Picture #14 shows
Sniffy sitting on the fender of an old dump truck near the front
of the parking lot of the Mollie Kathleen Mine.
Picture #15 shows
an old real "Steam Shovel" that actually used to run on
steam, before somebuddy picked up too heavy of a load and bent the
boom arm in the middle.
Picture #16 shows a
line of various mining equipment lined up in the parking lot.
information on touring the Mollie Kathleen Mine, click on the link
You are Visitor
Since August 26, 2003
for the next page for more exciting action! --Sparky
to Save Electricity
We was on this trip when New
York and the other places there had their terrible power
blackout, so here are some ways to conserve energy, that nobuddy
told you about on TV or radio.
1. Put black
lecktrikal tape over pilot lights on all computers, TV's, coffee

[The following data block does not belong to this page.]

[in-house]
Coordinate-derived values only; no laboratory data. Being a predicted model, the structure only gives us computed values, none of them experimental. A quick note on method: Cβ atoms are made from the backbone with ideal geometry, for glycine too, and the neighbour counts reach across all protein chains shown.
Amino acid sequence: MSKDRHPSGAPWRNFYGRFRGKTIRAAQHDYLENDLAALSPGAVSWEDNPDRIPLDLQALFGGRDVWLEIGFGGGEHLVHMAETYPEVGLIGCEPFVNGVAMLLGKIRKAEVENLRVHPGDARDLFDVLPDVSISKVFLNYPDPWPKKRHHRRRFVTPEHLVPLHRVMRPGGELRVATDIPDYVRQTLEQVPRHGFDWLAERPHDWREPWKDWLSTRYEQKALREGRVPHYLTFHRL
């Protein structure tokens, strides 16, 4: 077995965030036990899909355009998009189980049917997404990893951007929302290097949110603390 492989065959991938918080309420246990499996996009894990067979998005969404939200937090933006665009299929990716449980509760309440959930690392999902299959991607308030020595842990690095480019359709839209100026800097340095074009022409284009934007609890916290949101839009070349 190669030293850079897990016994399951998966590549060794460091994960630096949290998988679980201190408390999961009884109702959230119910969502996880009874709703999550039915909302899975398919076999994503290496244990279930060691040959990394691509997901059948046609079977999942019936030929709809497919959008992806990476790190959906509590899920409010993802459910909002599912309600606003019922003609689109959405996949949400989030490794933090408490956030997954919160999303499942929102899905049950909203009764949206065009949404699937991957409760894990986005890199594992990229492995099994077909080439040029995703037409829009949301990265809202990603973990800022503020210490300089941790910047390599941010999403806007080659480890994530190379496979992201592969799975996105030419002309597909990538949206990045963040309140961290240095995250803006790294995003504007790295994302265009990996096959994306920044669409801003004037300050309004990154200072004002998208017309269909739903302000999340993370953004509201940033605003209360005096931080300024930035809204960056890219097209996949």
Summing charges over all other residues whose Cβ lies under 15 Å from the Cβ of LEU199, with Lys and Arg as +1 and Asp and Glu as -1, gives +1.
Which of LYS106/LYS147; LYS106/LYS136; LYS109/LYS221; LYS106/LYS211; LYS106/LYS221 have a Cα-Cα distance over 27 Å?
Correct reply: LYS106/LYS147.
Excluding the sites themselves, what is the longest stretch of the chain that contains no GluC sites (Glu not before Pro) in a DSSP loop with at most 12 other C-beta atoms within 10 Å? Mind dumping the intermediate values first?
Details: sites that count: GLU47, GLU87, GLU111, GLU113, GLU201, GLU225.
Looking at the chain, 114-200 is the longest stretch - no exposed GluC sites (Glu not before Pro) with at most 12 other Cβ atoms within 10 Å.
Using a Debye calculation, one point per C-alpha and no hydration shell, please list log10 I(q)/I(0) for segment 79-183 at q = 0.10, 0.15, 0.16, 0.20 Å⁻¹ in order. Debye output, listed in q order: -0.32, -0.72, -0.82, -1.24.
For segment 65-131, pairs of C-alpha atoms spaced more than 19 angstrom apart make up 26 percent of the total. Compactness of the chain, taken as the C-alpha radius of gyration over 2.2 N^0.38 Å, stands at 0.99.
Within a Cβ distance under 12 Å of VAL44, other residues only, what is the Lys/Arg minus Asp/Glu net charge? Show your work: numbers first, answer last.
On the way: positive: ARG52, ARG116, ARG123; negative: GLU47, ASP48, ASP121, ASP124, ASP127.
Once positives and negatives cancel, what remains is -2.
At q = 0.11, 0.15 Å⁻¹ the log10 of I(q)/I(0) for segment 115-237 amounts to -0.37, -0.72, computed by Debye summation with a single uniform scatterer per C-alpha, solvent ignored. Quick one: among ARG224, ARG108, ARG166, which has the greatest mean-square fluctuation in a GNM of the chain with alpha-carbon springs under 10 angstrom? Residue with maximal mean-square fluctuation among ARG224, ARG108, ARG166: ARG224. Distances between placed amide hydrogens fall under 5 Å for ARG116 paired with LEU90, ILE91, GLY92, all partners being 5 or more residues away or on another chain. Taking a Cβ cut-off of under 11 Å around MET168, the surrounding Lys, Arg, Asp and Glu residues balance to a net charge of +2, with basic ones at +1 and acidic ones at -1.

pots, and all other home appliances. Also, put tape on all
appliance clocks that you seldom use.
2. Don't make
your stuffed animals take a bath too often, and, for sure, never,
never put them in the washing machine or clothes dryer.
3. Always make
exter coffee all at the same time, then save it to drink cold
the next time.
4. Make "Sun
Tea," cuz it cooks in the sun and don't need no lecktrik to
5. Eat the entire
box of ice cream so you don't have to waste energy opening the
fridgerator door too often. Get your root beer out at the
same time, too.
6. Eat lots of
chocolate chip cookies, cuz they're already cooked and you won't
have to keep them in a special container or waste any power to
keep them ready to eat.